The nice thing about startups, though, is that most don't survive long enough for the damned patent to actually get *granted*, and they tend not to be pursued much afterwards. But I was always sure that Memento would have legs, and the consequence of that is that the first of the patents I helped write there has actually been granted.
(Of course, I found out about this because today I received flyers from not one but *two* competing companies, each trying to get me to spend hundreds of dollars on a mounted plaque commemorating my patent. Not exactly likely.)
Still, for the curious, it's patent number 8,290,845: "System and Method for Presenting Quasi-Periodic Activity". The hell of it is, the patent is entirely valid by the numbers -- it's an innovative and rather clever way of illustrating repeating behaviour in a bank account. One of the problems in check fraud detection is "false positives" -- most of the old systems produce literally *hundreds* of false alarms for every real fraud they detect. We spent a huge amount of work reducing that through many techniques.
Quasi-Periodic Activity (the math team's term) is part of that: if a check is part of a recurring pattern of activity, it's much less likely to be fraudulent. (The "Quasi" part is because much of the repeating activity isn't necessarily exact -- we want to catch "about $82 about every four weeks for the phone bill" and things like that, which made the programming for the math team rather more entertaining.) The important part is really *detecting* that, but we also needed to *display* that to the analyst, so that they would know why we're alerting this check but not that one; the display is really what the patent is on, even though it's the less important part in the grand scheme of things.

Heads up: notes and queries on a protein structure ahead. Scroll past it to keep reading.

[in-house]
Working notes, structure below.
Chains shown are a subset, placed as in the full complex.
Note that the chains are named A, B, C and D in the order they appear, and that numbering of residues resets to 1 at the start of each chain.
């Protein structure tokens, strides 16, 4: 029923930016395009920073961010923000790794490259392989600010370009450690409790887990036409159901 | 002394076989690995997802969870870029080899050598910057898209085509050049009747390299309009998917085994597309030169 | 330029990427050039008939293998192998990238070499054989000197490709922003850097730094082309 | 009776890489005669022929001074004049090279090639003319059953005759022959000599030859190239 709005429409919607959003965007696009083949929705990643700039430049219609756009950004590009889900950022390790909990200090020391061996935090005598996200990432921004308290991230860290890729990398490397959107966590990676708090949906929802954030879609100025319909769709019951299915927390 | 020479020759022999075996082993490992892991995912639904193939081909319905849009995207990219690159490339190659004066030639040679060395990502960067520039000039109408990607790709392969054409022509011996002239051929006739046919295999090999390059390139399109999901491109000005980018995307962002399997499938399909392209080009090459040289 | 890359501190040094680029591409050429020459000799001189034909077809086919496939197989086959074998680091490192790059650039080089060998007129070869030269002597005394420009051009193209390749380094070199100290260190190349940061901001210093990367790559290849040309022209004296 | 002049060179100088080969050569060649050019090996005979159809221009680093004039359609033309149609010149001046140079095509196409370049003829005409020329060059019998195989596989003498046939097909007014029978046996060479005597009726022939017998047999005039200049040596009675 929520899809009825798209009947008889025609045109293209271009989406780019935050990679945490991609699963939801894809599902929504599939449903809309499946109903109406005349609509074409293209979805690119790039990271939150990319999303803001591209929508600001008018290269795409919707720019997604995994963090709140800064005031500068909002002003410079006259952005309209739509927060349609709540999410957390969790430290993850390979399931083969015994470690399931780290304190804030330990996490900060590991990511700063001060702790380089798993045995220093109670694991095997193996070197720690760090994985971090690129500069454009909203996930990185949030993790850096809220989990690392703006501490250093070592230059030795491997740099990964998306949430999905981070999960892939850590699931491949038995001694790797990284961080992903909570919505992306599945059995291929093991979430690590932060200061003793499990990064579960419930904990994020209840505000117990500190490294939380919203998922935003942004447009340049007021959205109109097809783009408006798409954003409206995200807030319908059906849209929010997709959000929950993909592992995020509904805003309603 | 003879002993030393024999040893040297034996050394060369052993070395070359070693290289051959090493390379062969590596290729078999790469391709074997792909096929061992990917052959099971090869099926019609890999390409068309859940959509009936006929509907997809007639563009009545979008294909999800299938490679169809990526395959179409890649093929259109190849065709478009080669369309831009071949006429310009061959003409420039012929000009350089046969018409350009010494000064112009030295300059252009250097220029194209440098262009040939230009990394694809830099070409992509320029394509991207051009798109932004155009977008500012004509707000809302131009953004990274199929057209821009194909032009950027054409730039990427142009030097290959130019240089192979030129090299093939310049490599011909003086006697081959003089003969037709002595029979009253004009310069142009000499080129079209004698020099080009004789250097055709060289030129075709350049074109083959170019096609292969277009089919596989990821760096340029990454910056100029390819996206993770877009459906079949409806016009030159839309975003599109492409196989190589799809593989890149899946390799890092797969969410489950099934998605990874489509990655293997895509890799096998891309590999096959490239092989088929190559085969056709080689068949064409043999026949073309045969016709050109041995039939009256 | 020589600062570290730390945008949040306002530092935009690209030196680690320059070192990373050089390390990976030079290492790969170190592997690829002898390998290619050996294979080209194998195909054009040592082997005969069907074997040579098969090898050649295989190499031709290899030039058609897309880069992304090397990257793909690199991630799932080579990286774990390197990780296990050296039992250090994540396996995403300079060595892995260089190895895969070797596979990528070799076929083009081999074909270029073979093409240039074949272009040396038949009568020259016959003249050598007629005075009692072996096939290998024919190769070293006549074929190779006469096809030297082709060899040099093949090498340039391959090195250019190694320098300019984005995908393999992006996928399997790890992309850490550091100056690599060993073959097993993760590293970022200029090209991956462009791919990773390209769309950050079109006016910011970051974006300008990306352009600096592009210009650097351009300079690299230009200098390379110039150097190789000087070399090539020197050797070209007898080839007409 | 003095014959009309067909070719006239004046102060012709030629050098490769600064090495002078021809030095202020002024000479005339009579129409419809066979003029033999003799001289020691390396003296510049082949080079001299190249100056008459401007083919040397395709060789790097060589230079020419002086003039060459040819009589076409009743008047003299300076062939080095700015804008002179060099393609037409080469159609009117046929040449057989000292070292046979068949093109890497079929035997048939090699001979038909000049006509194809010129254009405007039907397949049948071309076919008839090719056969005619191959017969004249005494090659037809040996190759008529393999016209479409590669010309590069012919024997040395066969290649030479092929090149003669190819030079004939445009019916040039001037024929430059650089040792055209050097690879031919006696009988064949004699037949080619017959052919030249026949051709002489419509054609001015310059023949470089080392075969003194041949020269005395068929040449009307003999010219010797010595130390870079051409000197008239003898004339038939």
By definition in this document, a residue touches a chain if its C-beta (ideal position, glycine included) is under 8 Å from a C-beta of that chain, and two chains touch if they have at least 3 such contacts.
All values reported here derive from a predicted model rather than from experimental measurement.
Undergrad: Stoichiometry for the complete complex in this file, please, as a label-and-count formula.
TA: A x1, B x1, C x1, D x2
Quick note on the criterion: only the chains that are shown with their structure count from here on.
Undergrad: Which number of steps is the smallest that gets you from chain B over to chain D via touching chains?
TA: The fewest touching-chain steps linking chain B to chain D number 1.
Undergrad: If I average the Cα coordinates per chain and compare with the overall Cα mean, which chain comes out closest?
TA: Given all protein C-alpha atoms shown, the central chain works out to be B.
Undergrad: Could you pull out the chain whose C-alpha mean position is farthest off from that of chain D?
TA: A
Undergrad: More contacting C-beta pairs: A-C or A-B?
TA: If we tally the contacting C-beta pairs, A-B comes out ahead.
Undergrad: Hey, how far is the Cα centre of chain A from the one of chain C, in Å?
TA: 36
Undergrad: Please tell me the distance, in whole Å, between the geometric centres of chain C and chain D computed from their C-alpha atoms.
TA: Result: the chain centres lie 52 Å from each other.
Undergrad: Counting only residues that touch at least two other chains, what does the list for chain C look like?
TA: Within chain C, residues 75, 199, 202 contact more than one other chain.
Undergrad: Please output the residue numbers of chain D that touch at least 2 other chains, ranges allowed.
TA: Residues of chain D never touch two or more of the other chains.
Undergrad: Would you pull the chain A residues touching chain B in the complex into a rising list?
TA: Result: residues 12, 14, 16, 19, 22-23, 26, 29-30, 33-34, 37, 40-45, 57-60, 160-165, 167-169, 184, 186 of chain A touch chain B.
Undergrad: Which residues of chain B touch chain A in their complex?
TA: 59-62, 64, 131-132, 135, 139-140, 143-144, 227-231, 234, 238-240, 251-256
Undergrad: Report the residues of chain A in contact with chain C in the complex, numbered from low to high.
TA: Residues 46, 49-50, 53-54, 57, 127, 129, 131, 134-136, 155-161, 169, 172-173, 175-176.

The patent is, as usual, totally opaque -- part of why I hate patents is that they take lovely algorithms and turn them into incomprehensible gobbledygook to satify the Patent Office. But the pictures are pretty (if a lot less pretty in black-and-white than the original color), and show you what I spent a couple of years building at Memento. These pictures are just the design, but the actual implementations looked extremely similar -- part of why I built everything in Flash was so that I could take the ideal designs and follow them really faithfully. (Which used to be very hard in HTML.)
The truth is, I consider myself relatively minor here. Greg (our Chief Mathematician) came up with the core ideas, and Katy (our UI/UX designer) came up with the actual look-and-feel; I just *built* the thing so it would actually work the way they wanted it. But that's still important from a patent point of view, so there I am on it. (Not that I actually *own* it in any meaningful sense -- like most such work, the actual ownership got assigned to the company long ago.)
All of which does leave me wondering about the state of the *other* four patents I worked on there...